Background: A diagnosis of multiple sclerosis in patients who present for the first time with a clinically isolated syndrome (CIS) can be established with brain magnetic resonance imaging (MRI) if the MRI demonstrates demyelinating lesions with dissemination in space (DIS) and dissemination in time (DIT). Objective: To investigate the diagnostic performance of a single MRI study obtained within the first 3 months after symptom onset in a cohort of patients with a CIS suggestive of multiple sclerosis at presentation. Design: Multicenter inception cohort with a follow-up of at least 24 months. Setting: Referral hospitals. Patients: Patients with CIS onset between April 1, 1995, and September 30, 2004, who fulfilled the following criteria were included: (1) age of 14 to 50 years and (2) clinical follow-up for at least 24 months after CIS onset or until development of clinically definite multiple sclerosis (CDMS), if this occurred within 2 years. Main Outcome Measure: All patients underwent 2 comparable brain MRI examinations, the first within 3 months (early) and the second between 3 and 12 months (delayed) after CIS onset. We defined DIS using several existing MRI criteria, and DIT was inferred when there were simultaneous gadolinium-enhancing and nonenhancing lesions on a single MRI. Results: Two hundred fifty patients were included in the study. The comparison of the diagnostic performance of various MRI criteria for identifying early converters to CDMS showed similar sensitivity and specificity between early and delayed MRIs. In addition, the use of less stringent criteria for DIS yielded better sensitivity and similar specificity, particularly when assessed in the first weeks after CIS onset. Conclusion: A single brain MRI study that demonstrates DIS and shows both gadolinium-enhancing and nonenhancing lesions that suggest DIT is highly specific for predicting the early development of CDMS, even when the MRI is performed within the first 3 months after the onset of a CIS.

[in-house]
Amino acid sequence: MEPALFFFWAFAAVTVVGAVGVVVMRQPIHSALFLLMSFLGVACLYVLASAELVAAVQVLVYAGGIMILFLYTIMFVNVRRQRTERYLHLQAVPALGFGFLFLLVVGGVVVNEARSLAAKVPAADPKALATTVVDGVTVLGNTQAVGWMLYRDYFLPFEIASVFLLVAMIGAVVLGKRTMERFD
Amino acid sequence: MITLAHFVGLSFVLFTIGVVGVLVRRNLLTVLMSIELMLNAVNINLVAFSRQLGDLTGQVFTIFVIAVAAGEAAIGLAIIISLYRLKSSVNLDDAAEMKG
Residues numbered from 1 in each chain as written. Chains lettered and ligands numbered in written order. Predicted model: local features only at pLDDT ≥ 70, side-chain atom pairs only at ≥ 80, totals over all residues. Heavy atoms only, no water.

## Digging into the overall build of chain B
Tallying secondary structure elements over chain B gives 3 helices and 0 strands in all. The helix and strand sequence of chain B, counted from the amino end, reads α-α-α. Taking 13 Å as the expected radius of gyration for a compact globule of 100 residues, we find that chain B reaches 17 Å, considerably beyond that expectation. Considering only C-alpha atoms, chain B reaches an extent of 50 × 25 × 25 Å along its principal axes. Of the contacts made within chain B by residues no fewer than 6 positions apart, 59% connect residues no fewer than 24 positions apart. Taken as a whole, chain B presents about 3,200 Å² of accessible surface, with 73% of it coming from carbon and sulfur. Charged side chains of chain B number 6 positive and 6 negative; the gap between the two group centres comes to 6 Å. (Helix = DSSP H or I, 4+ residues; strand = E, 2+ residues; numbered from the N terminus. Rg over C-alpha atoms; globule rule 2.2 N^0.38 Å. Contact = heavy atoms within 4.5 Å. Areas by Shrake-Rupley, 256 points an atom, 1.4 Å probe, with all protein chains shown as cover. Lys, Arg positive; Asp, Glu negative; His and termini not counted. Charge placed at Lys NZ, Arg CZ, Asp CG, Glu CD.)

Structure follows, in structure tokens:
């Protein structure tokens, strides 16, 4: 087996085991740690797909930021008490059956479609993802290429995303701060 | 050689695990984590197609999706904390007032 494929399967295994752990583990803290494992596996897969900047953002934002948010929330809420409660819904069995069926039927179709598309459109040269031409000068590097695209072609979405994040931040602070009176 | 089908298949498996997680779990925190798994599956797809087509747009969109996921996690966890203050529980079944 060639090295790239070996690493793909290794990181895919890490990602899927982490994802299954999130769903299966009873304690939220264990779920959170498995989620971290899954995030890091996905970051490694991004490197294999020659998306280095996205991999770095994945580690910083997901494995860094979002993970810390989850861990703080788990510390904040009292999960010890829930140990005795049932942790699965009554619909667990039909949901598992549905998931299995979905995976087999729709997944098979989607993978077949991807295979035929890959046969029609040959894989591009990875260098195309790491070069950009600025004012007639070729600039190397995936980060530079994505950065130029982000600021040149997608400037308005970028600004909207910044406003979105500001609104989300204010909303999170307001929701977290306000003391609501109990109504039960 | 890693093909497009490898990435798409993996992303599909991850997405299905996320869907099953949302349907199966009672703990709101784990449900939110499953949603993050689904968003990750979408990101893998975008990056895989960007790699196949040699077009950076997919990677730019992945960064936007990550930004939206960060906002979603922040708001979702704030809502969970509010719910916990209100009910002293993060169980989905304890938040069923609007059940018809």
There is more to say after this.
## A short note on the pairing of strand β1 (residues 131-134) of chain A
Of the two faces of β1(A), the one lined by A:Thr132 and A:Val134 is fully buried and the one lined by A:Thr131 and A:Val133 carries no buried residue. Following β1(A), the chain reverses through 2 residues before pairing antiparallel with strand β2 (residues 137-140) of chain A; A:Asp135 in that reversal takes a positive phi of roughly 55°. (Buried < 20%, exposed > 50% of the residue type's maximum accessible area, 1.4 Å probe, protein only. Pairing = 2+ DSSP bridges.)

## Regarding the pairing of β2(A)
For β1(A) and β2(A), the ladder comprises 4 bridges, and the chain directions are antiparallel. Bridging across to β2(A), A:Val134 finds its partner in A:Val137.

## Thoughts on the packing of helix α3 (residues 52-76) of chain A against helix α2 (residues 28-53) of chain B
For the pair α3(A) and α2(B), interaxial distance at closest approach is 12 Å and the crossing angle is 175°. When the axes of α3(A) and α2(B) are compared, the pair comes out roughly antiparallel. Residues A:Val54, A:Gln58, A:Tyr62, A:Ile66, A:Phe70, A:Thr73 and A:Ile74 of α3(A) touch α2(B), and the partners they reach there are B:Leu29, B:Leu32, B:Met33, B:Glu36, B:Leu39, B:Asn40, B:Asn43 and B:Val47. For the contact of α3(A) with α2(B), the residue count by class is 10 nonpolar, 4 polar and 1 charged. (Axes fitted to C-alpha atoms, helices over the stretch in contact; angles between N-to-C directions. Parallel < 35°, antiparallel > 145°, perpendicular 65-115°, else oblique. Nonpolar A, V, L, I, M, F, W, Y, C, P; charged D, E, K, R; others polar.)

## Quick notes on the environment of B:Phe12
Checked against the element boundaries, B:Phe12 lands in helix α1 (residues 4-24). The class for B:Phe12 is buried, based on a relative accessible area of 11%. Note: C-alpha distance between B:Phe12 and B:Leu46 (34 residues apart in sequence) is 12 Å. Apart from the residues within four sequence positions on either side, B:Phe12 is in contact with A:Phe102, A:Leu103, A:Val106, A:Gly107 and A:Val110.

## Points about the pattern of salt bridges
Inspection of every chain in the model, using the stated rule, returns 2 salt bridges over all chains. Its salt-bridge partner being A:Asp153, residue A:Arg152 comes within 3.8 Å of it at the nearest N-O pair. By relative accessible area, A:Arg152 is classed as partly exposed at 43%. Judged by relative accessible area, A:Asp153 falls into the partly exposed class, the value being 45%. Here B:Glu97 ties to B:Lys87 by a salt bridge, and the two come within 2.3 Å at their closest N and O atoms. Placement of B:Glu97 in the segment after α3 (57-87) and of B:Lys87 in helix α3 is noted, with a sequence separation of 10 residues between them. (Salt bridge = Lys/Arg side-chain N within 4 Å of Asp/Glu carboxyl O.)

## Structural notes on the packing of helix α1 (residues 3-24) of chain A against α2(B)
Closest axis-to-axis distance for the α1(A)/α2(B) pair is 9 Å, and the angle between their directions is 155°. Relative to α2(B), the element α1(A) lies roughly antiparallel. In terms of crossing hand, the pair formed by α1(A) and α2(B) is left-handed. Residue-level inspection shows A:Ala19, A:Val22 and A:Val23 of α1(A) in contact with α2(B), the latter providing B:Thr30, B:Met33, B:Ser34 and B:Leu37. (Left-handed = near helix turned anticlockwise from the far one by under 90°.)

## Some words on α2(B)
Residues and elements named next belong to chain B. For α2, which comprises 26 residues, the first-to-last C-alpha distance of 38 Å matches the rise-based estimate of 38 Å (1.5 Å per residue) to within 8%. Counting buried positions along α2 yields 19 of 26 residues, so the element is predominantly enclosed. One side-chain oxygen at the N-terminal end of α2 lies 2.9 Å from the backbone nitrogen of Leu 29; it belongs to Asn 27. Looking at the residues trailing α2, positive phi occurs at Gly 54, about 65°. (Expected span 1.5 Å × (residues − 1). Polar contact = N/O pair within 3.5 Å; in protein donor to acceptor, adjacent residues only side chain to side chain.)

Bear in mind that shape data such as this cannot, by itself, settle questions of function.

ASJC Scopus subject areas
- Clinical Neurology